All they got from FEMA was a check for $1,200, which they used to buy clothes and food. Six years later, Mejia can't understand why FEMA would ask residents to pay for its employees' mistakes.
"I didn't get the type of money that would make me rich from Katrina," she said. "For people who were honest like me, it's crazy."
FEMA's attempts to collect Katrina and Rita overpayments already have sputtered once. Residents who lost homes filed a class-action lawsuit in 2007 challenging the denial of their housing aid and the recoupment process. The lawsuit argued that FEMA's debt collection efforts were full of errors, based on vague standards and without hearings that would ensure fair treatment.
A judge ordered the agency to suspend the debt collection in 2007, while the lawsuit was pending. FEMA responded by withdrawing all debt notices sent to Katrina and Rita victims and drawing up new guidelines that the agency says will give victims clearer explanations and more opportunities to appeal.
With those guidelines finally approved this year, FEMA started reviewing its backlog of potentially improper payments.
"Under our current leadership, strong protections have been put in place to greatly reduce the error rate of improper disaster payments," Racusen said in a statement. The agency said it has slashed its error rate involving disaster payments from 14.5 percent after Katrina to about 3 percent in 2009.
Critics say the initiative could hurt thousands still struggling to recover, and they doubt whether much of the money would be collected. They also predicted court challenges.
"People used this money to survive," said Davida Finger, a law professor at Loyola University in New Orleans who represented plaintiffs in the class-action case. "We don't want people to have to give money back that they simply needed for rent and food."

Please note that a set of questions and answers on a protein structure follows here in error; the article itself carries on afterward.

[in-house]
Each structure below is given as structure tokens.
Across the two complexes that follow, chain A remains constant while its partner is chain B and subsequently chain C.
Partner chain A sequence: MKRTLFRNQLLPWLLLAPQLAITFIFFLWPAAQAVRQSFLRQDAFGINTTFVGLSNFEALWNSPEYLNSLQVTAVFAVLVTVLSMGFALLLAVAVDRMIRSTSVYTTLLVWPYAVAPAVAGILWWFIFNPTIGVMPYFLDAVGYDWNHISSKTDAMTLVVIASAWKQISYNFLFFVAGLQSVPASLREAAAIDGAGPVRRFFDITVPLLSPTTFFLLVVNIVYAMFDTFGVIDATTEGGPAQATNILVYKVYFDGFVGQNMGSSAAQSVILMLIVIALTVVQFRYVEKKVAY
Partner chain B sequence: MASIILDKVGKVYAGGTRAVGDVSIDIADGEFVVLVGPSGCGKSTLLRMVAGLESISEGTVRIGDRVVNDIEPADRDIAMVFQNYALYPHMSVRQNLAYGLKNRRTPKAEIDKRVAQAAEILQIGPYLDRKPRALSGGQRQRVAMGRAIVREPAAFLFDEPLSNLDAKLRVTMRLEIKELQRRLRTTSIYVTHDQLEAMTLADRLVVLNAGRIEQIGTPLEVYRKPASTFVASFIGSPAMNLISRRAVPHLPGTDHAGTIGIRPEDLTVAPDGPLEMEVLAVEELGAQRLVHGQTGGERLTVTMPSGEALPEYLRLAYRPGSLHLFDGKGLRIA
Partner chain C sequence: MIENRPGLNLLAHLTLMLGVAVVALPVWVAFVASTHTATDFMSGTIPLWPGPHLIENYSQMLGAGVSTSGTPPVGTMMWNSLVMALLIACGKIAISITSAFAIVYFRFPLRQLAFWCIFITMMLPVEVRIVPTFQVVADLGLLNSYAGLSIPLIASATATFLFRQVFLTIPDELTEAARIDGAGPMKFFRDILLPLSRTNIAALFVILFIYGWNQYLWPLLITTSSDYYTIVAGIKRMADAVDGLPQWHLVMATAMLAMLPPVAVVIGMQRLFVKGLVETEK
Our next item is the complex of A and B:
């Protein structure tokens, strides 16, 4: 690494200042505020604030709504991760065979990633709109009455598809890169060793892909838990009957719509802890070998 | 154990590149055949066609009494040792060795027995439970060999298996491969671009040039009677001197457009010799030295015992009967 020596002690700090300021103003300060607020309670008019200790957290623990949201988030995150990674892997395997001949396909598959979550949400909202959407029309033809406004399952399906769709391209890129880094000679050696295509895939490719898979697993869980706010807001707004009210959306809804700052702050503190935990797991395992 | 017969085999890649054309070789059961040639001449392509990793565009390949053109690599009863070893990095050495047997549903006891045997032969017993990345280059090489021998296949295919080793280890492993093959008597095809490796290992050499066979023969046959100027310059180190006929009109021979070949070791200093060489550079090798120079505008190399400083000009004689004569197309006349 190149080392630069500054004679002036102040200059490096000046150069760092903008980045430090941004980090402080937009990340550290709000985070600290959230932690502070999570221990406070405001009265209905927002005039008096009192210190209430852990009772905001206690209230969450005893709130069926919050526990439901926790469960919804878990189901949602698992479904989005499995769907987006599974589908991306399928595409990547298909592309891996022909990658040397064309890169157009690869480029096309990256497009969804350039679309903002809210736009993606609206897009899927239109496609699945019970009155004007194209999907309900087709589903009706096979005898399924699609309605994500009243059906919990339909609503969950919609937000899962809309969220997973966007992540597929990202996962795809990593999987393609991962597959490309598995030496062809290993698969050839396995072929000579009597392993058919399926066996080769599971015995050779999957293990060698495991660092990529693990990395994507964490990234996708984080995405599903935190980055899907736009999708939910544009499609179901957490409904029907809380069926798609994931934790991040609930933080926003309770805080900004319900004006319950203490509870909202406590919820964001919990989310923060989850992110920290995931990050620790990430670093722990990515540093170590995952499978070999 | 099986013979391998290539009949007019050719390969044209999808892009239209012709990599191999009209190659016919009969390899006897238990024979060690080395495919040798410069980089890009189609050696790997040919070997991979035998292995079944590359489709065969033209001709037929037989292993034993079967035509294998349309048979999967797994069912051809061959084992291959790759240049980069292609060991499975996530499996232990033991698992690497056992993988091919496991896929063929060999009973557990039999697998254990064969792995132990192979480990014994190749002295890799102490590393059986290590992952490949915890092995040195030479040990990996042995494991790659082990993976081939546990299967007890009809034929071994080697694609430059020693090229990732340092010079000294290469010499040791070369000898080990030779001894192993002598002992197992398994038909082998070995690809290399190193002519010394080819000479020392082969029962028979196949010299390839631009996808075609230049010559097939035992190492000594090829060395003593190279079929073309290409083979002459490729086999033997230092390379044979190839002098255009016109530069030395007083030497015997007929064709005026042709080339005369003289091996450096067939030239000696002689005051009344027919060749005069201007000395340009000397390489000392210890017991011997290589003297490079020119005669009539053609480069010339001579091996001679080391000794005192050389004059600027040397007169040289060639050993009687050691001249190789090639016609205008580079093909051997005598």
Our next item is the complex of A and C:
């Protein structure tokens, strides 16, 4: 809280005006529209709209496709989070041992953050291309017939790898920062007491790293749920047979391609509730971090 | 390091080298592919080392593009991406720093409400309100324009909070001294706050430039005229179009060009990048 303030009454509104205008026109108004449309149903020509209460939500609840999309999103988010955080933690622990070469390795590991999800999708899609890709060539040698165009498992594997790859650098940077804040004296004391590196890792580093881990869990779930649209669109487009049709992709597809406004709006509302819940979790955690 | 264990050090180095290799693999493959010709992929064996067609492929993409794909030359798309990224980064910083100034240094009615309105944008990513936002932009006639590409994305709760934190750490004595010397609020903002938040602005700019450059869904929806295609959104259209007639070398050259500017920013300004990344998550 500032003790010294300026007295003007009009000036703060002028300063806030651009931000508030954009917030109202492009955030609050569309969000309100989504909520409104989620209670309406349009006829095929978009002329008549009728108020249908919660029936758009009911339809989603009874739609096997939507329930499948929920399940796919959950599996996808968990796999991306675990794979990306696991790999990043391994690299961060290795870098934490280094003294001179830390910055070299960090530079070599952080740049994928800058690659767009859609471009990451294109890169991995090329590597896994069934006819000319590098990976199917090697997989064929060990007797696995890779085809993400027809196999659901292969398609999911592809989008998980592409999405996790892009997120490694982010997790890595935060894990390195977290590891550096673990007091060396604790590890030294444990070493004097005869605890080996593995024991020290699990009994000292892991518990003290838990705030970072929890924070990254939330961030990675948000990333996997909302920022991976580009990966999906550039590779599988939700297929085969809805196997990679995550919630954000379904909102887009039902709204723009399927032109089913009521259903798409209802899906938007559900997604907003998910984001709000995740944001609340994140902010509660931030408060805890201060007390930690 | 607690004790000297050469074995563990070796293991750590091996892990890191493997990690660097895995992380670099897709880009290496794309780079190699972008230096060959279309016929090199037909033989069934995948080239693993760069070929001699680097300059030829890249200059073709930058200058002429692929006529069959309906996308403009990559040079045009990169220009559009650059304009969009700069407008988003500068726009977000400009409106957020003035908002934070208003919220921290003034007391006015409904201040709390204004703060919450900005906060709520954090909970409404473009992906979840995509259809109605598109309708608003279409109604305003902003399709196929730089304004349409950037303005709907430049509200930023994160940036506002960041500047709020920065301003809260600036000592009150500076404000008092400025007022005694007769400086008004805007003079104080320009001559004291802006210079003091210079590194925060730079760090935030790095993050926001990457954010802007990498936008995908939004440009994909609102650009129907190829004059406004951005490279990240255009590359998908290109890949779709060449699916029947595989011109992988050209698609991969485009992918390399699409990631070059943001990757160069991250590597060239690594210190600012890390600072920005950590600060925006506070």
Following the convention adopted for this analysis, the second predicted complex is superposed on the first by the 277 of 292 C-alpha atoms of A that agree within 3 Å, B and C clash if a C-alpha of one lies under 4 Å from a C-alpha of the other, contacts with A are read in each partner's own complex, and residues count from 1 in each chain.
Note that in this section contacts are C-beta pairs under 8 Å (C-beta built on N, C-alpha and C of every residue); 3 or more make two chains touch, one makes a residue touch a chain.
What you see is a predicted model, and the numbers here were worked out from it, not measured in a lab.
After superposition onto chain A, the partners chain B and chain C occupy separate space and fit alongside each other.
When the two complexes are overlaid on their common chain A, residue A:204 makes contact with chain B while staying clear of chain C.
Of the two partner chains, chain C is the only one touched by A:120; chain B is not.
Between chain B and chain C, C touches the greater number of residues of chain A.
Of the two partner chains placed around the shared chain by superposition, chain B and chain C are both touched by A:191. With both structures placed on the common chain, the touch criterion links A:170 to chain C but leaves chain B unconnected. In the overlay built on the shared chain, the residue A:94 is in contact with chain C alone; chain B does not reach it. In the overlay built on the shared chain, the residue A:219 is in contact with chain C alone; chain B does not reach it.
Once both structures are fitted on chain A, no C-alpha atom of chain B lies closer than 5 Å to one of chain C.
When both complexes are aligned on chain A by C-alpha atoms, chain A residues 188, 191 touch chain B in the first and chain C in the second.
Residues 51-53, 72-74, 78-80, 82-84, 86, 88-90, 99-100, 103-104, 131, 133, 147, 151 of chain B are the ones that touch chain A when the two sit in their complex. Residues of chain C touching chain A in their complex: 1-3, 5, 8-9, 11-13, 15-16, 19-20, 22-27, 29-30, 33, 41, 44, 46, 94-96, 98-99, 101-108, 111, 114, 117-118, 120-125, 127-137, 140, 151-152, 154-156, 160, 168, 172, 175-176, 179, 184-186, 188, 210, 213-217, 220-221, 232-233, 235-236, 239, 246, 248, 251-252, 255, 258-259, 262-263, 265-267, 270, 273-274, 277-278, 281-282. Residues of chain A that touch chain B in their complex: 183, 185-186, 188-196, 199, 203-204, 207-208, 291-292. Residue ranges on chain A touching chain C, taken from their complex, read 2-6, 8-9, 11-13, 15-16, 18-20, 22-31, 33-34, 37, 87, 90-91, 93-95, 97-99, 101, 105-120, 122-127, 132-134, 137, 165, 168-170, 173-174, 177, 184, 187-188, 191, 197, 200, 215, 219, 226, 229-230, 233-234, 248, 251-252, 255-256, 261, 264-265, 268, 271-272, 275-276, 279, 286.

FEMA says it is bound by law to try to collect improper payments, but lawmakers have sponsored legislation that would authorize the agency to waive debts if they resulted from an error by FEMA. A Senate committee approved the bill Thursday. No vote by the full Senate has been scheduled.
"Most of the families facing recoupment are honest disaster survivors, facing incredible challenges, who used funds for legitimate and urgent disaster-related needs, and who never intended to accept money to which they were not entitled," said Sen. Mary Landrieu, a Louisiana Democrat who co-sponsored the bill.
The FEMA letters will give individuals at least 30 days to pay back money and explain their ability to appeal, to apply for a hardship waiver or to seek a compromise.
Diane Ridgley, 56, a plaintiff in the 2007 lawsuit, recalled getting a letter from FEMA demanding repayment of nearly $17,000, money she used to replace personal belongings and pay for rent after Katrina destroyed her New Orleans duplex. FEMA told her she should have been ineligible because she listed a family friend with whom she evacuated _ but did not live _ as a member of her household on her application.
Ridgley claimed FEMA employees told her to list him that way, but she received a series of confusing letters and denials when she appealed. She said she believes she has finally proven she was eligible, but has kept all of her paperwork in case FEMA comes calling again.
"I don't want nobody coming back on me telling me I gotta pay money," said Ridgley, who recently was laid off her job as a hospital housekeeper. "I know people were doing all kinds of wrong things at the moment. It was desperate times. But that doesn't give them the right to come back six years later."
Ryan Foley contributed to this story from Cedar Rapids, Iowa. Associated Press writers Mitch Weiss in Charlotte, N.C., and Jennifer Kay in Miami also contributed to this report.